On average South Australia uses 1165 GL of water per year, which is 5% of Australia's total use. Of the total water use, 746 GL of water is used from surface water sources and 740 GL of surface water is allocated to consumptive use.
419 GL of water is used from groundwater sources. The sustainable yield of groundwater for South Australia is 1146 GL per year which is 4% of Australia's total.
6 of the 34 Surface Water Management Areas and 21 of the 53 groundwater management units are assessed as being highly or overdeveloped.
Map of South Australia's surface water management areas
Select a surface water management area on the map to find out more about that area.
Map of South Australia's groundwater provinces
Select a groundwater province on the map to find out more about that area.
Water is a major factor influencing the development of South Australia.
Most of our population lives in the temperate, southern 15% of the State and even there major natural water resources are often removed from urban and industrial demand centres. As the State developed, demand outstripped local water sources and as new parts of the State were settled, major pipeline systems were constructed to transport water to demand centres.
The southern and coastal areas of the State receive annual rainfalls ranging between 300 mm and 1000 mm. It mostly falls in winter and early spring and streams flow as a result. In summer, evaporation is high and streams tend to become a series of pools and then dry up entirely.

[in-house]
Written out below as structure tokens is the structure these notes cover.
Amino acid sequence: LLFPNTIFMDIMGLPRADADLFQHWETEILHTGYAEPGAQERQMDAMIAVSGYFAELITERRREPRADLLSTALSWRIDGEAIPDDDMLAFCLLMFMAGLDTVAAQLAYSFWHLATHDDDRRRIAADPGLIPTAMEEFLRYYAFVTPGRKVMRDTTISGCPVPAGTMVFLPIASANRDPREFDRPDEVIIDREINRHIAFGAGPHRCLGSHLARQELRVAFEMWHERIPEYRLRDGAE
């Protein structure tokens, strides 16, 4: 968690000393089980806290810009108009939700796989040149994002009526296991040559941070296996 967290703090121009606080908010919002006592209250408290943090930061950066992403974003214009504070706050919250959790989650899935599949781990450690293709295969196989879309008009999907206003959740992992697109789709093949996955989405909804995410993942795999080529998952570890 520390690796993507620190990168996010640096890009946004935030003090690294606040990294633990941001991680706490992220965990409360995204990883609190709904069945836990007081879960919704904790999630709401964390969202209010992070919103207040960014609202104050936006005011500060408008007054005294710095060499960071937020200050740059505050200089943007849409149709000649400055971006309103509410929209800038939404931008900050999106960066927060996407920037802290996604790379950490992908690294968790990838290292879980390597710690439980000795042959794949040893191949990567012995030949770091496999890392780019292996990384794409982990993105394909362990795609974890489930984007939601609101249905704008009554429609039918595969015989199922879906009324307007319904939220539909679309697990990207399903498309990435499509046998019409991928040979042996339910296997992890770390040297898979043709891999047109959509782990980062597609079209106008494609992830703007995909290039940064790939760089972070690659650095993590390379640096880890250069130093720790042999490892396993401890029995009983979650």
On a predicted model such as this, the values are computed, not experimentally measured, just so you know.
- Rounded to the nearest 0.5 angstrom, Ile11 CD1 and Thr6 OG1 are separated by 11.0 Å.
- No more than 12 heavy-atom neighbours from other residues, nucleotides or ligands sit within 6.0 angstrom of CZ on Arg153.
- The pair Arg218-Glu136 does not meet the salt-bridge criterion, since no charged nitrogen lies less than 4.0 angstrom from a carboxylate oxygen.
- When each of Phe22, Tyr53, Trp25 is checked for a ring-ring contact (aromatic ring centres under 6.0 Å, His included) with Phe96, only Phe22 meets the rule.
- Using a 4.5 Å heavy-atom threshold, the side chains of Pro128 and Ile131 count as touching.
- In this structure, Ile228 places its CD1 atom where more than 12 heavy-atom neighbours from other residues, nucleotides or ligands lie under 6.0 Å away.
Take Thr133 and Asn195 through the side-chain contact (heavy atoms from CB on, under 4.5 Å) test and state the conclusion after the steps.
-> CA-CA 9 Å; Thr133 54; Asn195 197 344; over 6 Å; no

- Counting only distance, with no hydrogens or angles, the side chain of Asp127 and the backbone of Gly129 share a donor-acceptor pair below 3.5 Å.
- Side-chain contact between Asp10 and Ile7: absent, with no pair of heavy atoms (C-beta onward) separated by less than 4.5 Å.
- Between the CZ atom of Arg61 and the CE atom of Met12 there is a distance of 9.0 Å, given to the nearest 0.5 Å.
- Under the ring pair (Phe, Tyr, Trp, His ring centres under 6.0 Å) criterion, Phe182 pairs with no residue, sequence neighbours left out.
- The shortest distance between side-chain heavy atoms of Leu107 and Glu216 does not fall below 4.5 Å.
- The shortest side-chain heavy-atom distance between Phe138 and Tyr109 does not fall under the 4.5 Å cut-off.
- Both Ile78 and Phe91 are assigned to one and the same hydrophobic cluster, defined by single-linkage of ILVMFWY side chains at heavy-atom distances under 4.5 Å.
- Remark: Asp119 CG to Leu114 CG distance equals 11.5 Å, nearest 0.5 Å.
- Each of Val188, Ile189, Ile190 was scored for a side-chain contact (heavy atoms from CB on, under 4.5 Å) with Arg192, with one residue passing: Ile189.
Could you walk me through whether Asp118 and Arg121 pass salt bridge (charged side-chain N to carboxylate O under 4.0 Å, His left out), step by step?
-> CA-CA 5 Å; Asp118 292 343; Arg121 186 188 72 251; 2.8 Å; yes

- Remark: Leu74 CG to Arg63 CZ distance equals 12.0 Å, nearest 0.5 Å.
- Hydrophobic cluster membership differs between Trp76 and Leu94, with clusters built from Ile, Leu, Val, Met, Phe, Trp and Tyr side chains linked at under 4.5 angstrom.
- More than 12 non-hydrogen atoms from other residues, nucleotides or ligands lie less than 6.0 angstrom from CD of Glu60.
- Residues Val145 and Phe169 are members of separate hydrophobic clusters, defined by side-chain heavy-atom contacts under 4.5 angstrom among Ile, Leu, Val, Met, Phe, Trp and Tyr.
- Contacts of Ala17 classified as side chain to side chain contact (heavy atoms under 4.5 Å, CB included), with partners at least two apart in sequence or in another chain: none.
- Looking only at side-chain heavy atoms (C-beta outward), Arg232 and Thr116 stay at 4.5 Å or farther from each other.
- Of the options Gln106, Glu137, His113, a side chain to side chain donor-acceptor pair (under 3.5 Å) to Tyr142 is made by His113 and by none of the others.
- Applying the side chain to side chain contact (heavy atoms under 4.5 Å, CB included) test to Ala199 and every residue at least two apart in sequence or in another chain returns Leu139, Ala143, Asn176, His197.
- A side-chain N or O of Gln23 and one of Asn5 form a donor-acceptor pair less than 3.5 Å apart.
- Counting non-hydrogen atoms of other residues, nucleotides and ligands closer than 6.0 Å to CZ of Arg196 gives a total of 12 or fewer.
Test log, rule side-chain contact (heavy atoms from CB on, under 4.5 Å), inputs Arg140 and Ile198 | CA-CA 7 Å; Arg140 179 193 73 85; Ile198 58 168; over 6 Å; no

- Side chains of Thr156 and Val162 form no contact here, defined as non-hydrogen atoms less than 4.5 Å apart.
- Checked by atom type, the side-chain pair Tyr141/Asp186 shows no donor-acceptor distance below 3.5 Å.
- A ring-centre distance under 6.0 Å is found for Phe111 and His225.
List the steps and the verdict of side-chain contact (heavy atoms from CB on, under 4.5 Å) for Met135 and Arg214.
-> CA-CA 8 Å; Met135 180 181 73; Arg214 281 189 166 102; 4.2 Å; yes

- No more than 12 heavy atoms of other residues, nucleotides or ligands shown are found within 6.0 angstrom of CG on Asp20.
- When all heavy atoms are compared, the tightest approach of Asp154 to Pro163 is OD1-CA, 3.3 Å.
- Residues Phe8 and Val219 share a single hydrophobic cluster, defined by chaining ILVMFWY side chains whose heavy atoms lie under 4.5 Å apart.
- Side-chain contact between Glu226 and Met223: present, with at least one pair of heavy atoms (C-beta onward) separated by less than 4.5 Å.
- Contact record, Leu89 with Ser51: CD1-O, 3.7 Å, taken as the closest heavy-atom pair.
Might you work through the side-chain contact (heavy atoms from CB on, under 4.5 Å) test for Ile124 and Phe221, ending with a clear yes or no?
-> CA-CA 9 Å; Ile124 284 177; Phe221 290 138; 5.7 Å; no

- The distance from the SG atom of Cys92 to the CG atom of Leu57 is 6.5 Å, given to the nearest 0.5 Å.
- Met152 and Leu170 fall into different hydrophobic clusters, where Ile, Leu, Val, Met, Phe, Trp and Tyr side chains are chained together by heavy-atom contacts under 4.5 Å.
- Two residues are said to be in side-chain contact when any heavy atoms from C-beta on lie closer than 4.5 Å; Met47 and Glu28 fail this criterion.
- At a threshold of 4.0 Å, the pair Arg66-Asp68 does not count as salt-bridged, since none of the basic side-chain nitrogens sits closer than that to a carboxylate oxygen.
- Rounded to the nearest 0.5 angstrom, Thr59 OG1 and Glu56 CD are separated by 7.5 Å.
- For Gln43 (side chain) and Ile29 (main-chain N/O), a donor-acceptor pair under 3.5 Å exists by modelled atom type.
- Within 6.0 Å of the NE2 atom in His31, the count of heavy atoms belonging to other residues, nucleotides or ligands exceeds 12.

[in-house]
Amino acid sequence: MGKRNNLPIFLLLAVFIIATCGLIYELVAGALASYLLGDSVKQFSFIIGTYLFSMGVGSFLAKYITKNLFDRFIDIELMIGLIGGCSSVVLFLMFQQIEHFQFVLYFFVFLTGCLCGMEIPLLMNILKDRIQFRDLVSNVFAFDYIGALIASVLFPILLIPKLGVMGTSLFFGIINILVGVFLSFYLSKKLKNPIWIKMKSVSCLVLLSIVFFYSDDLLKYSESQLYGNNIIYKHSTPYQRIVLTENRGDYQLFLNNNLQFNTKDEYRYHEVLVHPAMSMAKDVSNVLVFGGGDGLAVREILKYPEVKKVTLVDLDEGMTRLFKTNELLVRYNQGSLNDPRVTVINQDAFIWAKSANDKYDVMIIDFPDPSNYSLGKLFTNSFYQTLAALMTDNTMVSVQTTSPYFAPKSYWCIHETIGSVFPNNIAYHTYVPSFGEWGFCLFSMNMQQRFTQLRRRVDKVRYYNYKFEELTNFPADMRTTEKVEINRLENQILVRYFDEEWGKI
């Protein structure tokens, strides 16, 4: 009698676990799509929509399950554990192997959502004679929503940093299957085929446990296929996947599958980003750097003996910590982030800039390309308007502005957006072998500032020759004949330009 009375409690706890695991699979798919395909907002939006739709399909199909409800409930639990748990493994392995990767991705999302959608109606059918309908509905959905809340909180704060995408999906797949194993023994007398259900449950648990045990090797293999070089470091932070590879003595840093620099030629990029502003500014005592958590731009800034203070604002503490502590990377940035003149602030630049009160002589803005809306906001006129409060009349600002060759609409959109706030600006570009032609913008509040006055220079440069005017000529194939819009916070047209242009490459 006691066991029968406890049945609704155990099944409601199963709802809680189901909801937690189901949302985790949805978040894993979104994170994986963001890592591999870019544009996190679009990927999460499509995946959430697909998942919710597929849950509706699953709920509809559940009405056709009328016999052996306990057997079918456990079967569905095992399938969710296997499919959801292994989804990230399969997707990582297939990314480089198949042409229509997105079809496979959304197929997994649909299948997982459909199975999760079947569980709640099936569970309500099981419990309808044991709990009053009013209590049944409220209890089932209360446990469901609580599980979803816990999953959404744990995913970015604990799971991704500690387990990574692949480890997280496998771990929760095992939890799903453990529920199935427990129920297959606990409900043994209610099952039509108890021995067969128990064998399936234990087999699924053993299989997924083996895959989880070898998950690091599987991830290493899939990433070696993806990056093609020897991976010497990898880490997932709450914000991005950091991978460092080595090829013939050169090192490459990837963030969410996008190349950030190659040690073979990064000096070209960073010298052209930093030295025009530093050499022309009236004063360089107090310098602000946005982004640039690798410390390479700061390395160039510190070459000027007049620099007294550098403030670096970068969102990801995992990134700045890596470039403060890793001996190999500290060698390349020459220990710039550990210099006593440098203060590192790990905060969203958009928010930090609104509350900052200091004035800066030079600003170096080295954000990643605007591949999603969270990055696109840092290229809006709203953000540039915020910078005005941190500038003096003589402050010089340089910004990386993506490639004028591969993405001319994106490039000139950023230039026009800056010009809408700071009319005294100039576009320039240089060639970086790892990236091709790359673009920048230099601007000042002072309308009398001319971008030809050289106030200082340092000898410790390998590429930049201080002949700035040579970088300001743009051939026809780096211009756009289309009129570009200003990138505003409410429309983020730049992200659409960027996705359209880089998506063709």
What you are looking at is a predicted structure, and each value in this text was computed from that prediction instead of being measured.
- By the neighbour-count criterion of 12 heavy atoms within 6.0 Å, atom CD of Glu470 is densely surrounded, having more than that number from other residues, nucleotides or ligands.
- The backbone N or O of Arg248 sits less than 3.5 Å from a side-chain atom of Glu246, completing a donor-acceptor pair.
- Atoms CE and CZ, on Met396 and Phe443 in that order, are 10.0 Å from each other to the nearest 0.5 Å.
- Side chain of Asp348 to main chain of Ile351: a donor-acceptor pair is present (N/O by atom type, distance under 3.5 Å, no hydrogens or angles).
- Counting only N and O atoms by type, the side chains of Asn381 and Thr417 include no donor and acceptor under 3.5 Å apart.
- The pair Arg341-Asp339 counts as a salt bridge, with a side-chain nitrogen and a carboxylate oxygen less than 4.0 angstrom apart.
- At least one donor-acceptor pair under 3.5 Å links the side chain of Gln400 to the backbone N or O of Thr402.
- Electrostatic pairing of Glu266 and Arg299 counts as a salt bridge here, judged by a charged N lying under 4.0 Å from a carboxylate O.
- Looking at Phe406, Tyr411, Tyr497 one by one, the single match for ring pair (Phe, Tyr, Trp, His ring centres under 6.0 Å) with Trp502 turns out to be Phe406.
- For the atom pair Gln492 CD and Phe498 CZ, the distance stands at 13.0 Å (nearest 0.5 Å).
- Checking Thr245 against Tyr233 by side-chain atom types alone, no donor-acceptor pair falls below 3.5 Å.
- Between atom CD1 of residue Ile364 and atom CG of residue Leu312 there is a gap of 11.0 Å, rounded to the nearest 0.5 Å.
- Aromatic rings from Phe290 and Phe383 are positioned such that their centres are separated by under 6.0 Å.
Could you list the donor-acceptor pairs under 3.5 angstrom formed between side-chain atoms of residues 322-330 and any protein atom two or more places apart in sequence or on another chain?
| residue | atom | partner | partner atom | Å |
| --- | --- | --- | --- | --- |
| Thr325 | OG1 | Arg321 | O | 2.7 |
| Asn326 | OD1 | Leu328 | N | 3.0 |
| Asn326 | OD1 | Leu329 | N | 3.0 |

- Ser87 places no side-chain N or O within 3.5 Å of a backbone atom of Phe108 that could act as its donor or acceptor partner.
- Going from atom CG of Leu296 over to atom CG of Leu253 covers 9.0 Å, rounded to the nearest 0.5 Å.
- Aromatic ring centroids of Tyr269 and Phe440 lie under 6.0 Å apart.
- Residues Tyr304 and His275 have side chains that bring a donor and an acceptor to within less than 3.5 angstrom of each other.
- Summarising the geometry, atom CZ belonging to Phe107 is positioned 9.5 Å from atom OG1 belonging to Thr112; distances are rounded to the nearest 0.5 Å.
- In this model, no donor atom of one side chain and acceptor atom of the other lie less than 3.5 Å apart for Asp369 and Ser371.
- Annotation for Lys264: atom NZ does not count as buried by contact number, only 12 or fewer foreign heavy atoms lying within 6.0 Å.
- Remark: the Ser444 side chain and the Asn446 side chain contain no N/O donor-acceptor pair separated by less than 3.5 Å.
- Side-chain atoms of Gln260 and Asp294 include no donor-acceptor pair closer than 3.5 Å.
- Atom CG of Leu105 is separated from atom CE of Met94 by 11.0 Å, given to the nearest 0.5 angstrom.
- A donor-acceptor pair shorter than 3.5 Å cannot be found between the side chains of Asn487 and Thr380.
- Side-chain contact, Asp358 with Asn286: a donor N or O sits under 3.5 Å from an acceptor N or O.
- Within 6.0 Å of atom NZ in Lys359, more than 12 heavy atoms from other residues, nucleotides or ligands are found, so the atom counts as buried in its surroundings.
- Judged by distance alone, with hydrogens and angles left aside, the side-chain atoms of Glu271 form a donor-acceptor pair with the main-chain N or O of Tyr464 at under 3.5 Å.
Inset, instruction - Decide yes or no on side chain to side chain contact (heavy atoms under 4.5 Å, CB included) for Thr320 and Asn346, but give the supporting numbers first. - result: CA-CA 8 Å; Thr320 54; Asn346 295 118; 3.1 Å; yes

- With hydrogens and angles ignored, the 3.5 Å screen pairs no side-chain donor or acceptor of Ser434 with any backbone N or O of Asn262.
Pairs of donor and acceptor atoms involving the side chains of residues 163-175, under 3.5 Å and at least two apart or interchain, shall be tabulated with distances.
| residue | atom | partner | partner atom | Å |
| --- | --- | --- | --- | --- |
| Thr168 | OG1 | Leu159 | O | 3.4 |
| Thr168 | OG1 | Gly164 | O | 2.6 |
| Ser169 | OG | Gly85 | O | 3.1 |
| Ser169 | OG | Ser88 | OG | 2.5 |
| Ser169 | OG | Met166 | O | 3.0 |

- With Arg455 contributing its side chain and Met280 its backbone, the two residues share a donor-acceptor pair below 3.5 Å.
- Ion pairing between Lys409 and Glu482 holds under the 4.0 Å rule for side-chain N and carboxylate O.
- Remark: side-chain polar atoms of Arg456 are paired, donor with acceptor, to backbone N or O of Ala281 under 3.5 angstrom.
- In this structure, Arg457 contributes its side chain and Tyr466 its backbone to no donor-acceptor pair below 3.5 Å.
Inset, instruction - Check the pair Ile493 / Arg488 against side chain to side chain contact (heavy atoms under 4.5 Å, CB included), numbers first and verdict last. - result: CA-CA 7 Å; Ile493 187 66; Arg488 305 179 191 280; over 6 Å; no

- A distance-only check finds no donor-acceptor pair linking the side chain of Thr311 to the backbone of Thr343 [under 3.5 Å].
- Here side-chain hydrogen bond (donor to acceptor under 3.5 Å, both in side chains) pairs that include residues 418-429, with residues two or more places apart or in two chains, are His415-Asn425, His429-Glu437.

In the remaining 85% of the State the climate is either semi-arid or arid. Rainfall occurs sporadically and can be concentrated and intense causing both local and widespread flooding. Evaporation rates are usually high and range up to extreme in the far north. Surface water dries out very quickly.
In their natural state, steams, floodplains and wetlands tend to be both abundant and diverse in flora and fauna. Occasional algal and bacterial concentrations occur naturally. Wetlands provide rich breeding sites and are refuges during dry periods. The natural ecosystems of stream beds, banks and floodplains depend on a wide range of stream flows and the steady contribution of groundwater where it is present.
Development often has adverse impacts on natural ecosystems. Monitoring has indicated that the health of water ecosystems in developed catchments has been degraded by pesticides, diffuse pollution, gross changes in natural stream channel configuration, riparian vegetation changes and altered stream flows.
The bulk of the State's surface water is fresh to marginally saline while high stream flows are often turbid. Surface water can be brackish when salt is flushed from drier catchments or is concentrated by summer evaporation. Streams in highly developed catchments - urban catchments for example - tend to have elevated concentrations of nutrients and heavy metals and are turbid. This degrades them for most uses. Streams in catchments covered with natural vegetation usually supply the best quality water.
Increased deep rainfall infiltration to groundwater has been a consequence of land clearing in agricultural areas. As groundwater levels rise toward the surface, widespread increases in soil salinity occur taking land out of production and increasing stream salinity. To some extent this process can be controlled locally by vegetation retention, water extraction and drainage.